With a restraint that barely conceals the ferocity of his characters' passions, one of Japan's great postwar novelists tells the luminous story of Kikuji and the tea party he attends with Mrs. Ota, the rival of his dead father's mistress. A tale of desire, regret, and sensual nostalgia, every gesture has a meaning, and even the most fleeting touch or casual utterance has the power to illuminate entire lives - sometimes in the same moment that it destroys them.
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"Narrator Brian Nishii uses calm, understated tones to fully illuminate Kikuji’s emotional state as he tries to make sense of his unruly desires, his feelings of loss, and his deep loneliness. Nishii adds depth to Kawabata’s spare, disciplined language, never resorting to theatricality yet providing significant moments of reflection and contemplation as Kikuji works to achieve awareness. In both substance and delivery, Thousand Cranes is as subtle and minimal as a Japanese painting." (AudioFile)
"A novel of exquisite artistry...rich suggestibility...and a story that is human, vivid and moving." (New York Herald Tribune)
“Kawabata is a poet of the gentlest shades, of the evanescent, the imperceptible. This is a tragedy in soft focus, but its passions are fierce." (CommonWealth)
It's hard to review this book without resorting to the sort of cliche you'd expect in a review of a Japanese novel, i.e., that it's a delicate haiku, a subtle watercolor painting, a poetically melancholy glimpse of life. The thing is, Thousand Cranes really is all of these. Kawabata's writing is almost unbearably delicate; all of the emotions and crises are merely hinted at, as subtly as possibly, and so made perhaps more deeply moving. The story itself also has a painful and elusive quality: it is the story of a young man struggling to find a life and a love distinct from those of his late father's. Every word in the book is highly symbolic and yet undeniably human. In short, I was really impressed with the writing and will definitely look for more by the same author.
As for the reader: Brian Nishii certainly knows how to pronounce the Japanese names correctly, which is very important -- very often, audiobook narrators will mispronounce foreign words, which can be quite jarring if you happen to know what the language is supposed to sound like. Other than that, Nishii does an OK job. Some of his characterizations sounded a little off to me, and his pauses were a little too short on occasion, but the overall result is perfectly acceptable.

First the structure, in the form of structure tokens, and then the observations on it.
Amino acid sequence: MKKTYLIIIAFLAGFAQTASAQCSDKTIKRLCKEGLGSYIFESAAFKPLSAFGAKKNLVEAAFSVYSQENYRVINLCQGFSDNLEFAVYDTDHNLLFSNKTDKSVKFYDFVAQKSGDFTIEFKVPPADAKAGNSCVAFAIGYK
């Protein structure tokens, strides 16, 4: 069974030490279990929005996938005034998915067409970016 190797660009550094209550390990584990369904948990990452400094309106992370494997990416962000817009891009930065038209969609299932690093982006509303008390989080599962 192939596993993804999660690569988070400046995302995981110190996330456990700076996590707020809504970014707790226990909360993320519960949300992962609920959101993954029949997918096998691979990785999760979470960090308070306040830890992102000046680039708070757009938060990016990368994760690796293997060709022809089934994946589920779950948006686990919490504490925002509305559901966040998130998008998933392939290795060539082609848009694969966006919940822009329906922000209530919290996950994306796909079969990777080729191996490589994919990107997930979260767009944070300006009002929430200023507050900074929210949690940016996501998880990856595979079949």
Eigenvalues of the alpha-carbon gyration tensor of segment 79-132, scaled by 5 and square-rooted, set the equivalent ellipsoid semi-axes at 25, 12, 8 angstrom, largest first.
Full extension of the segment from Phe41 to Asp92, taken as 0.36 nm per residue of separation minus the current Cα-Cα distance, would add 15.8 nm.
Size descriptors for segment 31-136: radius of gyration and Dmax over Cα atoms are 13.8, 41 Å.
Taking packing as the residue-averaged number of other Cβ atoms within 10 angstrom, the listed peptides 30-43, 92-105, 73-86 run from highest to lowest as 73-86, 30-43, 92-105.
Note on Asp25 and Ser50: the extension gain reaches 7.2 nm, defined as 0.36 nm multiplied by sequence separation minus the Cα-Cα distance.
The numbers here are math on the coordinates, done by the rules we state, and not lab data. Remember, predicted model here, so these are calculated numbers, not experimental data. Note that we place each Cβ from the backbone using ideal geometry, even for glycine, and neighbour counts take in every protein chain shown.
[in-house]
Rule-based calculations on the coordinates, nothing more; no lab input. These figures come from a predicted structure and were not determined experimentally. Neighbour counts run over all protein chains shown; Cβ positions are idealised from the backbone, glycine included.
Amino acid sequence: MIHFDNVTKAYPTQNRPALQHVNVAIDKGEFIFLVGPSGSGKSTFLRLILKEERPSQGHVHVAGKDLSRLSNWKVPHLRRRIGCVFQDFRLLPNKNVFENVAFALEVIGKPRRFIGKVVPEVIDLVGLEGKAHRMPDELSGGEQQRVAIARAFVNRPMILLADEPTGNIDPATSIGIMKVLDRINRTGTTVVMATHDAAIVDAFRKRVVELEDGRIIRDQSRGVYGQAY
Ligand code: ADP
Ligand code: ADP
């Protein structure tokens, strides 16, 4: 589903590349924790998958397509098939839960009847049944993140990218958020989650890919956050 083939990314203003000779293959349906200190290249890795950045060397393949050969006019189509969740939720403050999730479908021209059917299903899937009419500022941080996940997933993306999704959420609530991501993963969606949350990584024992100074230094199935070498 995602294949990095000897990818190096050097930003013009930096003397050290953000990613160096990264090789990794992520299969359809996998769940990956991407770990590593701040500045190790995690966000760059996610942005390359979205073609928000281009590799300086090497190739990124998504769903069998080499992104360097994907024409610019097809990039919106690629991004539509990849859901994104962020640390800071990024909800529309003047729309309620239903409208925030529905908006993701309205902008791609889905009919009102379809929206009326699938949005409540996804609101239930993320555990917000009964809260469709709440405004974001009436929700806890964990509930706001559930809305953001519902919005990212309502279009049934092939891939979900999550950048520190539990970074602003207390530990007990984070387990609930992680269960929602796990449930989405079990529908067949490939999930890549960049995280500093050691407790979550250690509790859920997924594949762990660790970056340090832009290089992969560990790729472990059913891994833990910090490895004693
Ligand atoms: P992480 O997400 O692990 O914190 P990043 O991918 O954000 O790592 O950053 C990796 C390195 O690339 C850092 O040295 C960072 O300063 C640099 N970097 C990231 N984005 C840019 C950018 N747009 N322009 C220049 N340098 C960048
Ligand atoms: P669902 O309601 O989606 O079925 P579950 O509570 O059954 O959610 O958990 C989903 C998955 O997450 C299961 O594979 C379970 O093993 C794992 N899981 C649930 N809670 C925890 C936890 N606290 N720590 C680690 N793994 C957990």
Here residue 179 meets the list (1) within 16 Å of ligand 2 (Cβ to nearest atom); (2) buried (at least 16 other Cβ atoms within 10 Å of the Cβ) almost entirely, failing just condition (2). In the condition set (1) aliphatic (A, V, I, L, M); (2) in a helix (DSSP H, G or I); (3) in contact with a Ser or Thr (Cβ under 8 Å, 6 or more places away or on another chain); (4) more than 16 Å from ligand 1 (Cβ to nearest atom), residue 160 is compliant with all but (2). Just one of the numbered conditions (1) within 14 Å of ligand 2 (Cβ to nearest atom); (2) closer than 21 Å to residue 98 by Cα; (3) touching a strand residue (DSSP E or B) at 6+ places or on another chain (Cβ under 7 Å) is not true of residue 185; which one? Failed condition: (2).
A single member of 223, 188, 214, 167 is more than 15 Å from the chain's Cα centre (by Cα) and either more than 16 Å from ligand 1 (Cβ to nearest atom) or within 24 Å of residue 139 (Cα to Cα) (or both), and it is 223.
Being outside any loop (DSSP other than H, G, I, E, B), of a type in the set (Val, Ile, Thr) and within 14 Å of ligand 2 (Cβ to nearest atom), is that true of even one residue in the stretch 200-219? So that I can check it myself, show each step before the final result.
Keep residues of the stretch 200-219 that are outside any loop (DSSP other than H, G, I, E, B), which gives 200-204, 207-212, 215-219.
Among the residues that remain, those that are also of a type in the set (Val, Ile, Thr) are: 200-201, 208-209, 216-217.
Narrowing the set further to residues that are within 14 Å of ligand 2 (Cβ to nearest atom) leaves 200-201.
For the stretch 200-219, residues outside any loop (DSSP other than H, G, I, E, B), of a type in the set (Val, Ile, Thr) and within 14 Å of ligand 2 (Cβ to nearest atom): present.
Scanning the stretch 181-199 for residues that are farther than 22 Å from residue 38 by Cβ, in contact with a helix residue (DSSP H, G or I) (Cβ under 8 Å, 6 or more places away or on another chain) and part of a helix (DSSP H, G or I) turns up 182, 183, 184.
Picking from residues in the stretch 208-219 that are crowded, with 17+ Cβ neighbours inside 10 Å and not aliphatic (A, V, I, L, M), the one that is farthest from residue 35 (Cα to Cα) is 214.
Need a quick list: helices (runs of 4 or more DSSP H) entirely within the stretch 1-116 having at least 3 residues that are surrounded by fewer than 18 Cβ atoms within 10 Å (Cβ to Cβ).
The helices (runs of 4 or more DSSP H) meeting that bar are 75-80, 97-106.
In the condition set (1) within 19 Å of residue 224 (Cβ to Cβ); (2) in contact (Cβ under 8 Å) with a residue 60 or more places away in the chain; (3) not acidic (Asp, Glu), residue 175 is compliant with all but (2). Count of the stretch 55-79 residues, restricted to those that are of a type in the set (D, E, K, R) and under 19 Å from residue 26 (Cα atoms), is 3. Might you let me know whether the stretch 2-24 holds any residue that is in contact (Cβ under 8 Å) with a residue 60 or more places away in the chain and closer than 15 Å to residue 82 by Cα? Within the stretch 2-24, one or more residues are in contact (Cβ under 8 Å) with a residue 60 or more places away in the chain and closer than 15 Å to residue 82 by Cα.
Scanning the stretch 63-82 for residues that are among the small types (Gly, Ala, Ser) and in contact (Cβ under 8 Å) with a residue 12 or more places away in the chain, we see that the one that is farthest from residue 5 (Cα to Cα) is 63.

College English professor who loves classic literature, psychology, neurology and hates pop trash like Twilight and Fifty Shades of Grey.
of "the sins of the fathers being visited on the sons." Love, lust, suicide. Everything you want in a Japanese classic.
Jung Chang and Jon Halliday depict Mao as a power-mad monster, a supremely cunning psychopathic gangster boss. One could say it's a hatchet job, but they have a lot of evidence to back up their depiction, including many of Mao's own statements. Without the recognition of Mao's psychopathy, it would be hard to account for quite so many corpses and shattered lives, so much deliberate and prolonged torment. Their story is compelling, linked causally one episode to the next. The one main thing missing from their account is the ideological fervor that must have animated so many cadres, along with sheer terror and intimidation.
The story itself is beautiful. It is engaging, and requires a certain amount of participation on the reader's part to follow what's in between the lines. I still need to process and ruminate.
The performance was fine, but not spectacular. Japanese names seemed (to my uneducated ear) correctly/authentically pronounced. However, not much distinction was made between the voices of the female characters, and Brian Nishii's representation of the female voice feels forced.
There may be a case to be made for reducing the emotion/expression in the character's voices. Here, however, the characters fell a little flat, not charged with the emotional content the words carry.
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